The Friday Fax

a weekly news bulletin from the National Parent Network on Disabilities
FEBRUARY 21, 1997 - - - - - - - - - - - - - - - - - - - - - - - - Number 31

IDEA Meeting for Consensus

Last week's Friday Fax described the latest process to take IDEA "out of the normal political process" and work towards a new consensus to complete the Reauthorization of IDEA. Congressional leaders invited representatives of the special education community and the regular education groups to assist with the Reauthorization process. They are tentatively scheduled to meet on Friday, February 21st. The goal is to set aside one month to work together, find common ground and have a bill that would be "acceptable" to all. At the preparatory meeting, Senator Jeffords and Representative Goodling clearly stated that there will be changes in the IDEA law. Hence, NPND leaders have developed the following four points to follow as they represent parents from across the country:

· Don't punish kids for having a disability.
· Don't punish families.
· Support schools to implement the law.
· Encourage and reward effectiveness.

NPND published its position statement on IDEA on February 7, 1997 (Friday Fax number 29). Every proposal suggested for the Reauthorization will be measured against the NPND principles from our position statement and the four points above. We urge parents everywhere to contact their congressional representatives and ask them to support the NPND statement, and oppose the changes suggested in Section 615 of the Draft IDEA Bills regarding cessation of services and discipline.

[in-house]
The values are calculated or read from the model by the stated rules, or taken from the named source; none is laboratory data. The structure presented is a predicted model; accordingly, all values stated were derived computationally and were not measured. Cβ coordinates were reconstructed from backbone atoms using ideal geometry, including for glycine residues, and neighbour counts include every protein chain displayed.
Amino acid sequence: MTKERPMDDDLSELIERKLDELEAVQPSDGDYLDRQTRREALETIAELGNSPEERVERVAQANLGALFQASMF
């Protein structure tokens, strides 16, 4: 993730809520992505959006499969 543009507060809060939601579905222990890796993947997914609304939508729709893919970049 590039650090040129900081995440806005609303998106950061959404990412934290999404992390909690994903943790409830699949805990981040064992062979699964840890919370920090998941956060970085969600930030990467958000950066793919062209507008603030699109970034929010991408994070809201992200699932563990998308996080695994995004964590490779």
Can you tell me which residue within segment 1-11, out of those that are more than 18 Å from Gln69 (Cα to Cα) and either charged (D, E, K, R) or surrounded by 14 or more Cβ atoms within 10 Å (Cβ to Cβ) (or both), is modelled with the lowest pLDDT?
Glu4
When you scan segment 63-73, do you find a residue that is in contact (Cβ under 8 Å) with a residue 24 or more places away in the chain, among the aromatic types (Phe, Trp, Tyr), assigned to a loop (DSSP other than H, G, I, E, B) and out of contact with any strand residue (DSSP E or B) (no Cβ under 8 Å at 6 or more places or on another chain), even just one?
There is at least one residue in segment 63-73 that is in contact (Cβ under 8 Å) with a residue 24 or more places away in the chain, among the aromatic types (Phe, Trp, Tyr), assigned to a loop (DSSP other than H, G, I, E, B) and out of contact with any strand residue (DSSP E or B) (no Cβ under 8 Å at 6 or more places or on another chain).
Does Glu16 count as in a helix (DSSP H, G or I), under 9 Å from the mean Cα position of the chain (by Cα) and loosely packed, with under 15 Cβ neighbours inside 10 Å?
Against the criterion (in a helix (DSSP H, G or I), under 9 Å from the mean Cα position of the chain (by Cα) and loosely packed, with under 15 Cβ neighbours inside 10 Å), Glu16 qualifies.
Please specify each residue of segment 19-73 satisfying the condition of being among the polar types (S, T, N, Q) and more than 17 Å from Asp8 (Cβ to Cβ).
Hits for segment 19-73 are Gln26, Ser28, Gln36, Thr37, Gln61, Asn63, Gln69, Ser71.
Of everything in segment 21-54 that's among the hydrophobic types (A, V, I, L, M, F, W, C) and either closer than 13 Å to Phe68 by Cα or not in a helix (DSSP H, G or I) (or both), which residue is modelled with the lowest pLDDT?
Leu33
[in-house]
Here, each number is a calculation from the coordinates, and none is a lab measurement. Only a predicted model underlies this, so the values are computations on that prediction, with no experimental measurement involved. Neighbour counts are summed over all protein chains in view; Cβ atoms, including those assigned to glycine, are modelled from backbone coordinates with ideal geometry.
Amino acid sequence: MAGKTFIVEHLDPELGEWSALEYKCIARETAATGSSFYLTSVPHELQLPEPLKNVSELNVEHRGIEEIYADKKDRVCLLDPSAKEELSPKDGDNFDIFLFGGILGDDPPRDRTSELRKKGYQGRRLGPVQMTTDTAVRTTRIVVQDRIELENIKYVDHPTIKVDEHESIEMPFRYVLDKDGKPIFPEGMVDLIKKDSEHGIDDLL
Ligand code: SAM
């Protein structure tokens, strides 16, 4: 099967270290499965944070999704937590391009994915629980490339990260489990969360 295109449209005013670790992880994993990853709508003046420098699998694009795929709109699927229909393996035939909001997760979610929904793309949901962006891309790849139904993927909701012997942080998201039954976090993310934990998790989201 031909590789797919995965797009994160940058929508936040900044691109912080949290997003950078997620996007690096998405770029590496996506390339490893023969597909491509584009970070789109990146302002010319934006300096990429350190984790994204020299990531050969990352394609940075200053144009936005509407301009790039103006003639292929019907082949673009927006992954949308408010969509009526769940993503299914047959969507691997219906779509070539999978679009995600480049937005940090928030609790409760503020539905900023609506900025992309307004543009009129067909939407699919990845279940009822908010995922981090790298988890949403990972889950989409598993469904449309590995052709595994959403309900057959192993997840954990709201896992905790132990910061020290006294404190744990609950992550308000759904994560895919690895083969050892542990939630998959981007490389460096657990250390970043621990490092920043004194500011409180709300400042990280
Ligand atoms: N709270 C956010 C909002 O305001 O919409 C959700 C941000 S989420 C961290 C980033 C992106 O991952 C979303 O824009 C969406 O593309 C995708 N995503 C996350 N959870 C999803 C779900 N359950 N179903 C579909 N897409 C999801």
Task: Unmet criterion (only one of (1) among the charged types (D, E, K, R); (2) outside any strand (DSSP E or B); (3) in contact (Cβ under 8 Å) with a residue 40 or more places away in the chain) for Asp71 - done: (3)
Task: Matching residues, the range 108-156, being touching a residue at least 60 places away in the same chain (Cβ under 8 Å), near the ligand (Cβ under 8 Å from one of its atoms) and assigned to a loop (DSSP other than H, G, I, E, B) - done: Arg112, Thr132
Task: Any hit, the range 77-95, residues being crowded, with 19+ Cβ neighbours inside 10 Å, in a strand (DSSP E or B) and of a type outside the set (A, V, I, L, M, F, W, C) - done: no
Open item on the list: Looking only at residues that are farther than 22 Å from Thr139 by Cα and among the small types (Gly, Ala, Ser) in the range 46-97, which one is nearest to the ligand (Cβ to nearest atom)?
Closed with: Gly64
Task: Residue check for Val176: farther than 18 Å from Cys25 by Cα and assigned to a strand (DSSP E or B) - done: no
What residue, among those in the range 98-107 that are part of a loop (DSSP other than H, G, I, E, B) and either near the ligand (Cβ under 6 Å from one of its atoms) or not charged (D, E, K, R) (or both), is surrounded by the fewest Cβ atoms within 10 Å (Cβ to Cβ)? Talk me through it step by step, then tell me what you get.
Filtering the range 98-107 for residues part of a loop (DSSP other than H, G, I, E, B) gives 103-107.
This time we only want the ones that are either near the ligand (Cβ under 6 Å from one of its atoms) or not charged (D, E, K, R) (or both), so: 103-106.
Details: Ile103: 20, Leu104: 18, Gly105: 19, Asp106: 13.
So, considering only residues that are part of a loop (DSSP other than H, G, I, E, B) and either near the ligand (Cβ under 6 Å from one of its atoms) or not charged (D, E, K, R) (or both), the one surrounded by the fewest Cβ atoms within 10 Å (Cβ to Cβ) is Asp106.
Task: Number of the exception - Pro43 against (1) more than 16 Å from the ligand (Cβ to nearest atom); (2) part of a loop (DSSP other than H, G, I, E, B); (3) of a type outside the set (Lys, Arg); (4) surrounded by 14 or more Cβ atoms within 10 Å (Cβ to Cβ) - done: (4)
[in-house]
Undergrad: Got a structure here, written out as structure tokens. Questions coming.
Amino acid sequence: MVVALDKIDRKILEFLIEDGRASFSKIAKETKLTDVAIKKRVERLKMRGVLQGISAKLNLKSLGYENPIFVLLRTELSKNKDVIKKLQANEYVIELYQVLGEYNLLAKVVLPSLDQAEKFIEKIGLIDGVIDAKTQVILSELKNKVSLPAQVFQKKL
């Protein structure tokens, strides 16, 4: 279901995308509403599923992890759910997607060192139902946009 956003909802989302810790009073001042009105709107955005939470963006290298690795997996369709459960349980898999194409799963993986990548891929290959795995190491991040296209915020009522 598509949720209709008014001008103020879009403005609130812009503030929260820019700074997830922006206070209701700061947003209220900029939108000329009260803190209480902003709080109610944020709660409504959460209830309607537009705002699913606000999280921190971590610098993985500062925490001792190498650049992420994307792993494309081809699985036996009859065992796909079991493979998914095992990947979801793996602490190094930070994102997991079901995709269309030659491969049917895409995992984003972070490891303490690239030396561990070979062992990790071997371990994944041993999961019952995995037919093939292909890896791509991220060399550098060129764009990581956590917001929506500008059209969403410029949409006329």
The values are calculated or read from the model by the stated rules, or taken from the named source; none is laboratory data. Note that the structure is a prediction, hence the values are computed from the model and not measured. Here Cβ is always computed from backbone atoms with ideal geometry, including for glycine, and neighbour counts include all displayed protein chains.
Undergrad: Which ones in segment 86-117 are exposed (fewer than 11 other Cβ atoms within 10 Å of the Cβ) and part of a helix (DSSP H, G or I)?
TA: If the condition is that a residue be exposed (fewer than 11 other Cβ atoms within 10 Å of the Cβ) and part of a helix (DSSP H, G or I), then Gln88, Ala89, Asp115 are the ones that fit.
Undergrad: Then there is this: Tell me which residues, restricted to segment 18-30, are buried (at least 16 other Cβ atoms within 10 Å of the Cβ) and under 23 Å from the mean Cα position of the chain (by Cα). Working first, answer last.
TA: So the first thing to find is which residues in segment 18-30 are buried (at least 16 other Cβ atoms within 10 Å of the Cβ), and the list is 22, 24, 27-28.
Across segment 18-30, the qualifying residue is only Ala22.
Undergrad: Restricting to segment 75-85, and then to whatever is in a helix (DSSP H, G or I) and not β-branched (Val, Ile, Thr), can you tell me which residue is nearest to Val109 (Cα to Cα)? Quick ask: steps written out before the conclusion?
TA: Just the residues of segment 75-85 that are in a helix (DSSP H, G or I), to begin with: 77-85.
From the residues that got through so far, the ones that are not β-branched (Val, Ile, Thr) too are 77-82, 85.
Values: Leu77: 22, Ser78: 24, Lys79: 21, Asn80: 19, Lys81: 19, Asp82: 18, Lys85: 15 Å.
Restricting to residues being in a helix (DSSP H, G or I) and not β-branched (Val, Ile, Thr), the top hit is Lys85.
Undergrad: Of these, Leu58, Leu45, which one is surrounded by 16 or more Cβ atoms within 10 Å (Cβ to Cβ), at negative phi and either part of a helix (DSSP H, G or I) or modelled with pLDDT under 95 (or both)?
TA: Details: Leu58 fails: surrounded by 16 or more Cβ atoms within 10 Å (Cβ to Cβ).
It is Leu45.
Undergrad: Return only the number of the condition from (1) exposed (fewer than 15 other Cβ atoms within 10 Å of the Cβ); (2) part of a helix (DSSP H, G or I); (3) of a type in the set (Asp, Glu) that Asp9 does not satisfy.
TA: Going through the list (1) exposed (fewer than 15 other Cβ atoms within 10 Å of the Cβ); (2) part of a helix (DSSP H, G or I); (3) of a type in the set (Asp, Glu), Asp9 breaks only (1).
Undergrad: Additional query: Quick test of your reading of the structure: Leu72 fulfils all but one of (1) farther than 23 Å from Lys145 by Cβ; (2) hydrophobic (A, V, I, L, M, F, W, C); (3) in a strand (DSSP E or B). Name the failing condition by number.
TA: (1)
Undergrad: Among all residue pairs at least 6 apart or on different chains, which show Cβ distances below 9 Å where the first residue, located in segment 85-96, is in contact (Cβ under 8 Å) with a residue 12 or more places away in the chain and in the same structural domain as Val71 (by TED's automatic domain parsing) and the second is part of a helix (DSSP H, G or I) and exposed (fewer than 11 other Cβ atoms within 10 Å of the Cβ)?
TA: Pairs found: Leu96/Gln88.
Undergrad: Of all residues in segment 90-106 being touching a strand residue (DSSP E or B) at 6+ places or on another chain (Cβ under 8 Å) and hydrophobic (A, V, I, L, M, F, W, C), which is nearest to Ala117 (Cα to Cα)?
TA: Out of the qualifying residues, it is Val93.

The ranking members in the Senate are Sen. Jim Jeffords (VT), and Sen. Ted Kennedy (MA). The ranking members in the House are Rep. William Goodling (PA), Rep. William Clay (MO), Rep. Frank Riggs (CA), and Rep. Matthew Martinez (CA).

To reach the Senate, call 1-800-962-3524, or 202-224-3121.

To reach the House of Representatives, call 1-800-962-3524, or 202-225-3121

NOTE: Thanks to all who have sent in NPND petitions. So far we have forwarded 700+ names to the ranking members listed above.

ADA Funding Request

The following is exerpted from a Department of Justice Press Release of 2/7/97

WASHINGTON, DC — Attorney General Janet Reno has asked Congress for an increase in funding for Fiscal Year 1998 to continue the Department of Justice's vigorous enforcement of the Americans with Disabilities Act (ADA).

As part of its overall budget request, the Justice Department is seeking an increase of more than 5 percent over the current FY 97 budget for ADA enforcement. The $477,000 increase will enable the Disability Rights Section of the Civil Rights Division to hire additional investigators, mediators, and an architect.

"Once again, this budget reflects the Administration's commitment to the ADA, even as the President sets out to complete the job of balancing the budget," said Attorney General Janet Reno.

SSI Standards Condemned

On February 6, 1997, the Social Security Administration announced its new standards for a child’s eligibility for benefits under the Supplemental Security Income program. The standards are widely considered far too harsh. While the administration had considerable leeway in establishing new standards under last year’s welfare law, the most stringent alternative was selected. In a sample letter to the President, Jonathon Stein of Community Legal Services writes, “It was never the intent of Congress in the recently passed welfare legislation for Social Security to use Listings level severity and an eligibility test that would only embrace children with the severest disabilities who ‘meet or equal’ the much criticized and inadequate Listings of Impairments. The Senate floor colloquy of September 1995 reflected the understanding of a less strict test, and the key Senators who agreed to the final language of a new functional test, would never have agreed to a test that would have included Listings level severity as these new rules published as ‘interim final’ regulations have done.”